The Fireball E2 series allows the user to decide upon the recording quality utilized for transferring music from CD to the internal hard drive. The user can choose to convert music into MP3 audio files varying in quality from 128 kb/s to 320 kb/s. The E2 also supports the file format I have been utilizing, which is the FLAC format. This format utilizes lossless compression to store files in half the amount of space as a file in the WAV format. The 300GB model can hold an estimated 849 hours of FLAC music files or up to 5067 hours of music recorded in the MP3 format of 128 kb/s.
I installed the Escient Fireball E2-300 in my living room system between my Kenwood DV-5900M and my pre/pro. Another popular changer to use with the Escient is the Sony DVP-CX777ES DVD/SACD changer. These changers easily connect to the Escient with the analog and digital audio cables, IR and RS-232 cables. The process would then be repeated for up to two more changers. Multiple changers must all be the same in order for the Escient to control them. I then connected the E2 to my Ethernet network via the jack on the back. Later on, after I loaded a sizeable amount of music, I moved the Escient to my bedroom, connecting it only to my preamplifier and home network.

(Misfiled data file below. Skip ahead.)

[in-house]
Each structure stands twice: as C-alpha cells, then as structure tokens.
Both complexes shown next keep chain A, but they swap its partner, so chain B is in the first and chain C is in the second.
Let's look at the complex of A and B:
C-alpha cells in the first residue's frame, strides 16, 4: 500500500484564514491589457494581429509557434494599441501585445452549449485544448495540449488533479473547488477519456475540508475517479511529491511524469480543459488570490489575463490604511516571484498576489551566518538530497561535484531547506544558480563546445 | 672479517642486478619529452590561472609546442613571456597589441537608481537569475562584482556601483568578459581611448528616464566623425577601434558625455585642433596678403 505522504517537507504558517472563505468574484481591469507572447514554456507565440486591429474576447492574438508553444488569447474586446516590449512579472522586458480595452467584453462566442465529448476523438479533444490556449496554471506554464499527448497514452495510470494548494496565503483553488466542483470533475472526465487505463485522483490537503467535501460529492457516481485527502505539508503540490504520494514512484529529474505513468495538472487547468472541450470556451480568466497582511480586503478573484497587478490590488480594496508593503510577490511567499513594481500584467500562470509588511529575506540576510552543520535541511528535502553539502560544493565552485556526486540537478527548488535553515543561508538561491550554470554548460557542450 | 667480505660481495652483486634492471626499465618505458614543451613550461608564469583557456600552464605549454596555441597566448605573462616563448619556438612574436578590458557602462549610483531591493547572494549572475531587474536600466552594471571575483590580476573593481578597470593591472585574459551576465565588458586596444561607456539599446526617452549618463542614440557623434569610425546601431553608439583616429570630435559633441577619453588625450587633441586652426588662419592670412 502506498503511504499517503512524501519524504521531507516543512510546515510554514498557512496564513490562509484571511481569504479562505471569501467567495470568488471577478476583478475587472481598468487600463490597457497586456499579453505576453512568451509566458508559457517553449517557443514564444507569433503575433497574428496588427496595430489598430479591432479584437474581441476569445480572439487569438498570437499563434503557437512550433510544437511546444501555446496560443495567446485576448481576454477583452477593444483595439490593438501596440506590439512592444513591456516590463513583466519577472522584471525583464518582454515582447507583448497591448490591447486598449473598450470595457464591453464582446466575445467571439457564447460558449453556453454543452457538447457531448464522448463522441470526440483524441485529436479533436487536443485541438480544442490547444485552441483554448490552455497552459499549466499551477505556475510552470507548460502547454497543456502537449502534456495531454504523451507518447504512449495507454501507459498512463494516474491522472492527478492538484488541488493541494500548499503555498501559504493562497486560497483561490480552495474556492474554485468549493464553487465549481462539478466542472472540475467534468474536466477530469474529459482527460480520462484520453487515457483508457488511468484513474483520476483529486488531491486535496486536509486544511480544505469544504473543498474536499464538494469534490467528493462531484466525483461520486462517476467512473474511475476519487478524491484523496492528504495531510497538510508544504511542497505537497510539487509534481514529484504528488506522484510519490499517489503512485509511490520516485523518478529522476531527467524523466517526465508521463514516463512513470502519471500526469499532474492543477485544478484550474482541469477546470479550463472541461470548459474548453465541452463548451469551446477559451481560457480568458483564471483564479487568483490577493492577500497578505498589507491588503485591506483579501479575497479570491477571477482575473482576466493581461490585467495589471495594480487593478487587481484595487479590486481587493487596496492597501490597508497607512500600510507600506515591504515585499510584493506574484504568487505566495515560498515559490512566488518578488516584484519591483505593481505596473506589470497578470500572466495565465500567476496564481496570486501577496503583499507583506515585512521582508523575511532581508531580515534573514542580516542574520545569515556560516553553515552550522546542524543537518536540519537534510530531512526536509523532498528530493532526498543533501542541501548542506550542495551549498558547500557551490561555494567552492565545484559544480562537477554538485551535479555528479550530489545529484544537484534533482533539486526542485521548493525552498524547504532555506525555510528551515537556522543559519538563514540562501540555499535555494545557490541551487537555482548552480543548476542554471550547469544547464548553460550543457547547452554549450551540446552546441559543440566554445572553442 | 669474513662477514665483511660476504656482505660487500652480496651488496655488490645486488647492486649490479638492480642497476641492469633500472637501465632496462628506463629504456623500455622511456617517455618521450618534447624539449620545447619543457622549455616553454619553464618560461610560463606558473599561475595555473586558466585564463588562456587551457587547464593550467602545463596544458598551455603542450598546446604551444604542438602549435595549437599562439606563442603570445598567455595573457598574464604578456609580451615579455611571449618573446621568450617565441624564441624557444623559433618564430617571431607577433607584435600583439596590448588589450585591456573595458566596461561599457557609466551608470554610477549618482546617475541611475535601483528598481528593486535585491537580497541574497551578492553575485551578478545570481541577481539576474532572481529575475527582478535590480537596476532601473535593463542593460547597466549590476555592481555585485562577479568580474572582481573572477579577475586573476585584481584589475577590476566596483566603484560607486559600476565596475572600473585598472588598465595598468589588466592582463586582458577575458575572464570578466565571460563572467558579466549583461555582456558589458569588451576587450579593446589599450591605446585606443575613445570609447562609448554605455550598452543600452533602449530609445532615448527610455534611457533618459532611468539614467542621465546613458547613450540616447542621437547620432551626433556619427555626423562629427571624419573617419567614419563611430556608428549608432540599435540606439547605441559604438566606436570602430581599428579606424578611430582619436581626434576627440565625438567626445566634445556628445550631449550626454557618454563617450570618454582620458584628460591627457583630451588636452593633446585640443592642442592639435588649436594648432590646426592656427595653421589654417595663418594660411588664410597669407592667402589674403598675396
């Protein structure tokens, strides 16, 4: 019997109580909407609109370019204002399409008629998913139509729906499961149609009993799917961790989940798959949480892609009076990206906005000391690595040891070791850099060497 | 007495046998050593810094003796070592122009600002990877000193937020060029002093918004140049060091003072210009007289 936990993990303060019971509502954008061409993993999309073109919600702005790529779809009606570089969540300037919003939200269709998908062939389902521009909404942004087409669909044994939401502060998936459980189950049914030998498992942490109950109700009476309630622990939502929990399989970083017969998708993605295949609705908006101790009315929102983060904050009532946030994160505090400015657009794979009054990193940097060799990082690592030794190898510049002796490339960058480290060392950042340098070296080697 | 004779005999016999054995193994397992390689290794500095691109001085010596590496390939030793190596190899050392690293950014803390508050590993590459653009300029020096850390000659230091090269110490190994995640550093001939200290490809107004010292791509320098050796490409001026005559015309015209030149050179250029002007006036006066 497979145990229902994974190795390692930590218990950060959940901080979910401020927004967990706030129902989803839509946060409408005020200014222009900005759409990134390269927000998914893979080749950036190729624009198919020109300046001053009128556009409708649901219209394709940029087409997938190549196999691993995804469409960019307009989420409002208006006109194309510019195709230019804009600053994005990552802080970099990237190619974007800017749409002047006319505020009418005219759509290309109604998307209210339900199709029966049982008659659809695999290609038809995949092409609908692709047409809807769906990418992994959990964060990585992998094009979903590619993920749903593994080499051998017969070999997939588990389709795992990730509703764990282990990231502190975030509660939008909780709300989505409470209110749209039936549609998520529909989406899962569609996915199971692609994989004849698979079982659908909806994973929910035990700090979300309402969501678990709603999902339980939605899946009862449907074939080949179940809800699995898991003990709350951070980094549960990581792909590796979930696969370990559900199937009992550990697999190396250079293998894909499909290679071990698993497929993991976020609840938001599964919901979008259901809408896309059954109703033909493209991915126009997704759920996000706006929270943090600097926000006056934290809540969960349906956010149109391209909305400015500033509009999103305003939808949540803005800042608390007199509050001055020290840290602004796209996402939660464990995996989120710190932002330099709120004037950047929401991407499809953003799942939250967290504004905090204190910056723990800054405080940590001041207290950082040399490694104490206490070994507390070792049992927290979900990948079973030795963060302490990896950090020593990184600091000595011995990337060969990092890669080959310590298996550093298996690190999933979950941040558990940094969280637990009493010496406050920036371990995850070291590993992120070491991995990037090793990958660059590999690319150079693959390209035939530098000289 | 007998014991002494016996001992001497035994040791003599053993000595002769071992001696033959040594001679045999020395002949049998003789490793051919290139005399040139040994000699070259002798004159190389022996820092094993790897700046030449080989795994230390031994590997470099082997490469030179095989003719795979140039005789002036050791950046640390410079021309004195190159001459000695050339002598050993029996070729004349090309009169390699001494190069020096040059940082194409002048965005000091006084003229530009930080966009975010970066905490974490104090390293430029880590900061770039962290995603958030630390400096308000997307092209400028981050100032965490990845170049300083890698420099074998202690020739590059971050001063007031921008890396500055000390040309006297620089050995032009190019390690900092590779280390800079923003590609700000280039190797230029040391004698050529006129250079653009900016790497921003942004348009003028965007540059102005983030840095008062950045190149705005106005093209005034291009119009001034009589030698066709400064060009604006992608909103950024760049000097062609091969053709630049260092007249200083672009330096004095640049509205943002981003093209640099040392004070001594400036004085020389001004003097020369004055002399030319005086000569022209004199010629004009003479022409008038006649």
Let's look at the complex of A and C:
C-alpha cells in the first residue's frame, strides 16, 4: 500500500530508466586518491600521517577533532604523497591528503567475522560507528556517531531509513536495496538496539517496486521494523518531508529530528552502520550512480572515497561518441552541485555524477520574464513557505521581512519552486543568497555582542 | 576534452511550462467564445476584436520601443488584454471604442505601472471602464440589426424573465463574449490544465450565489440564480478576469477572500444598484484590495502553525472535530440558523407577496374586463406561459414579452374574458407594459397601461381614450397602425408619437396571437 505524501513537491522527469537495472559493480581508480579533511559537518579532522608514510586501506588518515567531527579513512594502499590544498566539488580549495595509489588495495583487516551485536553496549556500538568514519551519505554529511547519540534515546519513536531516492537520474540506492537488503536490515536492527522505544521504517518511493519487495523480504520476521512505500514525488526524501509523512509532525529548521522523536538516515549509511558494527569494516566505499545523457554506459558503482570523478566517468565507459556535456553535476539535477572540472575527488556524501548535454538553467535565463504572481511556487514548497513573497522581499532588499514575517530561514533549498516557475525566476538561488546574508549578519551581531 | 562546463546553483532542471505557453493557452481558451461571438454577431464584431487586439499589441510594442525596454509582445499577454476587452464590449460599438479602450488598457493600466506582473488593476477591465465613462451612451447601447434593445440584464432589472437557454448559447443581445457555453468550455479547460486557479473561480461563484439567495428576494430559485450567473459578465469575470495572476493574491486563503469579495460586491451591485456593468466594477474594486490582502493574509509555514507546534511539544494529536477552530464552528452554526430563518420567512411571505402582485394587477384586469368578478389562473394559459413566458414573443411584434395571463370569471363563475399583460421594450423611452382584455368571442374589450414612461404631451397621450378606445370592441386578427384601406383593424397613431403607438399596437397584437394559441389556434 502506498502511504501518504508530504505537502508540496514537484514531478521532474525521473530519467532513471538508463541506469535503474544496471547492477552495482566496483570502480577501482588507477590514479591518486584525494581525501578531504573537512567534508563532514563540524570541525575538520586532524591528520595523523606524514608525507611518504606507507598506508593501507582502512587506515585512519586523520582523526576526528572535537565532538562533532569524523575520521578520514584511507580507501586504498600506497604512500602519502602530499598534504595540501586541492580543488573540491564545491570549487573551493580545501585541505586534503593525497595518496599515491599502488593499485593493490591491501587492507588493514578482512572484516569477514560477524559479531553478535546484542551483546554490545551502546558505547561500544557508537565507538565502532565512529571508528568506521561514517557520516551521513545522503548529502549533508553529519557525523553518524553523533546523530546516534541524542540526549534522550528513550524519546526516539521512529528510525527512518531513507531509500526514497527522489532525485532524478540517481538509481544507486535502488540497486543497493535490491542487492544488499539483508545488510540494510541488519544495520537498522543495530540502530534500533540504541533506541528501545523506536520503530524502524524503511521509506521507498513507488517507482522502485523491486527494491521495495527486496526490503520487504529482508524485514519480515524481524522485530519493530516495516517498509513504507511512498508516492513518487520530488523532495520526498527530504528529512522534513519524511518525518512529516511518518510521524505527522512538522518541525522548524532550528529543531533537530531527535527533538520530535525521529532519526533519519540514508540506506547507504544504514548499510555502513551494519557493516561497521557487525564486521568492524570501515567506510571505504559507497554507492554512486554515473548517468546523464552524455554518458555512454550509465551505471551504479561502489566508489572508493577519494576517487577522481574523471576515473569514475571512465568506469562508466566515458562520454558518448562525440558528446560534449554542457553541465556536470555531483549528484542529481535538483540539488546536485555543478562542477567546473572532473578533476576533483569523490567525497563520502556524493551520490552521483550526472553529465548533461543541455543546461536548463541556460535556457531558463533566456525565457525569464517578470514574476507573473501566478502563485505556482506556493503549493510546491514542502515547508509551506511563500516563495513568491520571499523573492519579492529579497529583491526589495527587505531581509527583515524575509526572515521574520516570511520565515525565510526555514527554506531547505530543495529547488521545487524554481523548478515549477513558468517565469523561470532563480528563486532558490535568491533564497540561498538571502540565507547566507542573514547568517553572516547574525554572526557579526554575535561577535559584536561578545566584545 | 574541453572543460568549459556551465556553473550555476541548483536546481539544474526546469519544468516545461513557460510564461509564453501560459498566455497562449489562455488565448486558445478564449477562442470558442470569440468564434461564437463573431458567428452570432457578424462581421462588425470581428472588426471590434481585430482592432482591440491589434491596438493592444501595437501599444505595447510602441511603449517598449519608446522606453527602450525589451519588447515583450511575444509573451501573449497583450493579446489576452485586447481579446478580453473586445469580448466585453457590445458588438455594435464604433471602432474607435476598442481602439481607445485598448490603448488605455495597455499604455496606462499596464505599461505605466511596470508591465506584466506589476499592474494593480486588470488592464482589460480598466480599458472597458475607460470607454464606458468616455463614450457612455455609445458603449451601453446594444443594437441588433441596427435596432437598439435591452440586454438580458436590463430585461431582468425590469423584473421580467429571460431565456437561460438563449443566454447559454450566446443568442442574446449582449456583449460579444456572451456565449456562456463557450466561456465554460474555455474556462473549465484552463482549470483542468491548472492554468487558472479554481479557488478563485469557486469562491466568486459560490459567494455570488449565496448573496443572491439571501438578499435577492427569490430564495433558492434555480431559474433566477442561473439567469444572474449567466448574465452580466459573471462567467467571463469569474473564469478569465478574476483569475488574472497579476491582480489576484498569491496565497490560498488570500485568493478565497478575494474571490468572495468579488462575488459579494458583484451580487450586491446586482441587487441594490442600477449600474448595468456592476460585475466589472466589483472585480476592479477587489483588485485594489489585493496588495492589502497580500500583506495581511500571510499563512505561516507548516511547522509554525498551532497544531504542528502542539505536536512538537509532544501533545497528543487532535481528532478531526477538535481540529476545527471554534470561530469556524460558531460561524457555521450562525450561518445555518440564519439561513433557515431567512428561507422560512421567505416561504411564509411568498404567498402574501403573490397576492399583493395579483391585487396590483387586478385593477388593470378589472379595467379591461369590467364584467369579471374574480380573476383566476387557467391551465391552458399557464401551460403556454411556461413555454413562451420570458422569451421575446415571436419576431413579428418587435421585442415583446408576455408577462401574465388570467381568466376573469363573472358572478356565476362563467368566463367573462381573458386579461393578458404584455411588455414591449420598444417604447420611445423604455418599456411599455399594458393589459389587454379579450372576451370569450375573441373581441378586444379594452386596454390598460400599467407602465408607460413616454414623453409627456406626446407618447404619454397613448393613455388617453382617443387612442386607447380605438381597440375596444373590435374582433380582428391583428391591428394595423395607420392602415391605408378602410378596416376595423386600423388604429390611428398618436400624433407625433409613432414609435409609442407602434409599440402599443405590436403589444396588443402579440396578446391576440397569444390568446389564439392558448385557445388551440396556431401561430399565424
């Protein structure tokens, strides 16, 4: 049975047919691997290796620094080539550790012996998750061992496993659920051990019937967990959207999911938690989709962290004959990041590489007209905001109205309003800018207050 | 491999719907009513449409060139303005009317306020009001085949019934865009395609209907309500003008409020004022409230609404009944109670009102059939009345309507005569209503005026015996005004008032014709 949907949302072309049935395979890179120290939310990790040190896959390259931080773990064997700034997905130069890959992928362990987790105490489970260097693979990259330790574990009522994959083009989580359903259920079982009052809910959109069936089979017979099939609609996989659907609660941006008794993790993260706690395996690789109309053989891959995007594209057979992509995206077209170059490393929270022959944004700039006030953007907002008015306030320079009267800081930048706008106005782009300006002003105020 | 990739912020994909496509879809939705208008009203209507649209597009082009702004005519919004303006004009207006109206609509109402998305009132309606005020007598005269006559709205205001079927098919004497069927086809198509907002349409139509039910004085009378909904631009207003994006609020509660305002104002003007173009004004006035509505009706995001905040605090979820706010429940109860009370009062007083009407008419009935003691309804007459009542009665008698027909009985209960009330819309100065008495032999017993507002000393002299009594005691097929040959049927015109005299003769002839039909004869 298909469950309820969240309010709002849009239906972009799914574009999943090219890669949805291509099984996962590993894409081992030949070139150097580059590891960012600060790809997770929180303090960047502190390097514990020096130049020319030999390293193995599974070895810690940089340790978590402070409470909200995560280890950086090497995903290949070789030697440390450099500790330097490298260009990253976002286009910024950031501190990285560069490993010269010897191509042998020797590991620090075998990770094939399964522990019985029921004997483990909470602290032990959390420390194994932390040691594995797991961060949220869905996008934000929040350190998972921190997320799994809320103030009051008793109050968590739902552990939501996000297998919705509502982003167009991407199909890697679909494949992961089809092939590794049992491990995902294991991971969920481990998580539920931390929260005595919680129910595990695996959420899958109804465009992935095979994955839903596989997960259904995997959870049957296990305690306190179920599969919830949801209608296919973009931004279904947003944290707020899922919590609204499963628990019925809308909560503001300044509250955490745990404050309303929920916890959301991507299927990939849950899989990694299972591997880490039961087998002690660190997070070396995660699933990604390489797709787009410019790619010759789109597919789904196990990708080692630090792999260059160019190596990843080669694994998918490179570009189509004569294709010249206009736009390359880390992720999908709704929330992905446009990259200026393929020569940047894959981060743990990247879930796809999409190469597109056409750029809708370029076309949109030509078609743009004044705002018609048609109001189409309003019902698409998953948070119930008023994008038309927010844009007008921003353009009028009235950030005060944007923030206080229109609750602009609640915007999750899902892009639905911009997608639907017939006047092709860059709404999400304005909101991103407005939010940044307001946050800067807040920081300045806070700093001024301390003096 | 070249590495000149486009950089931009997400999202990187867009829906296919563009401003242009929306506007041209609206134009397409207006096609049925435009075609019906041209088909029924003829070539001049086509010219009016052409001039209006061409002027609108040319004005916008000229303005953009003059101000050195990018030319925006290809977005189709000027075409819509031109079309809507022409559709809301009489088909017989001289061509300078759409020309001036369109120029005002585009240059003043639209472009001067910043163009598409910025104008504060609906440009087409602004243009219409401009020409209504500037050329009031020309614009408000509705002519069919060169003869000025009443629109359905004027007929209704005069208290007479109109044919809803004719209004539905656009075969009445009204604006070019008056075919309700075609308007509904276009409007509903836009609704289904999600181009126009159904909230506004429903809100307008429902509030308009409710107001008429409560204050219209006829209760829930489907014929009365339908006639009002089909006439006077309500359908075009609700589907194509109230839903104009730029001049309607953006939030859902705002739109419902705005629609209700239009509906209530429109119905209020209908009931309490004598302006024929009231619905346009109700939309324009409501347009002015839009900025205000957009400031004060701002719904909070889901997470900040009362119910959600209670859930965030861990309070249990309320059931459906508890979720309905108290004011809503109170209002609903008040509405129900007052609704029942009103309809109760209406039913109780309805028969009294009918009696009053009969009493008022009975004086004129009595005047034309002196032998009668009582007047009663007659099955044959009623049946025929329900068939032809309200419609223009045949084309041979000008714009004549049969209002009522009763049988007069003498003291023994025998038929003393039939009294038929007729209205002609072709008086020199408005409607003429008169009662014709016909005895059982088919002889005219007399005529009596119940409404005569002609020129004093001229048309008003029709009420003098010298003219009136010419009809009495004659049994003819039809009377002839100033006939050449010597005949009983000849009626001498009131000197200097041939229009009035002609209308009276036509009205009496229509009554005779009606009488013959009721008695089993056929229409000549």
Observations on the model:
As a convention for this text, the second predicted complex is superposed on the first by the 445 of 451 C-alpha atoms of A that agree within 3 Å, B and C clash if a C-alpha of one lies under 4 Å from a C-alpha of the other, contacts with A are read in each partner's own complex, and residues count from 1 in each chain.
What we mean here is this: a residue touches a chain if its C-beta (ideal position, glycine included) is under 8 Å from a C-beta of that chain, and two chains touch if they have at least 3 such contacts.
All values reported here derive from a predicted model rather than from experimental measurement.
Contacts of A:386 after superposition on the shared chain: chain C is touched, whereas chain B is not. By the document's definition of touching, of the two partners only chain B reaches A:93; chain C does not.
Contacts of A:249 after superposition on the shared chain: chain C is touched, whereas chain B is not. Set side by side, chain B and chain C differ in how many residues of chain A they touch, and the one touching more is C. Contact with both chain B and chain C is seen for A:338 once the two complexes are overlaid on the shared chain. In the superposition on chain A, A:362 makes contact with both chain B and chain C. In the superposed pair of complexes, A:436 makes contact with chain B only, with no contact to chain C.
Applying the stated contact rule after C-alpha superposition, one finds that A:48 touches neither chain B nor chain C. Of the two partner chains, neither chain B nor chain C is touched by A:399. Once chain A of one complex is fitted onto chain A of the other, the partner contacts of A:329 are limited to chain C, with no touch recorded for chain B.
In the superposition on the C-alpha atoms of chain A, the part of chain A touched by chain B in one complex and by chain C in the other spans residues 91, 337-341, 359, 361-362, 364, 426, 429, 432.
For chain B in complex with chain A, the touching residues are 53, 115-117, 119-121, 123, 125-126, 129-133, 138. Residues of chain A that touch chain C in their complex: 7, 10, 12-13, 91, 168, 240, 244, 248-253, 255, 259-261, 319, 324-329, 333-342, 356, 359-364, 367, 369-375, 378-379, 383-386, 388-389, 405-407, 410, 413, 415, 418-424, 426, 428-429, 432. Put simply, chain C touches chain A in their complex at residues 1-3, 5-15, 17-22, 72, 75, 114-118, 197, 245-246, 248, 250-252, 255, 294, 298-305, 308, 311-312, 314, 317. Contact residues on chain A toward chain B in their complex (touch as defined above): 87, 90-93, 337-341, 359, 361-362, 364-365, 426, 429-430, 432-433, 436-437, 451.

Once the physical connections are made, the set-up process continues with easy-to-follow graphic onscreen menus. First you are walked through the Internet connection, setting up the dial-up or broadband connection. Recording options are then set. If changers are connected to the E2, it will go online to build the library of all the discs in the changers. Escient utilizes the Gracenote CDDB database, which it accesses over the Internet to look up the CD information.
In addition to loading music on to the hard drive from the internal or external drives, the E2 can also import music from any computer on the network, the internal drive or from the changers. You can even set it for bulk recording, enabling you to load all of your favorite discs into the changer(s) connected to the Fireball and let it go and record them all, or you can select the music to be recorded by album or even track.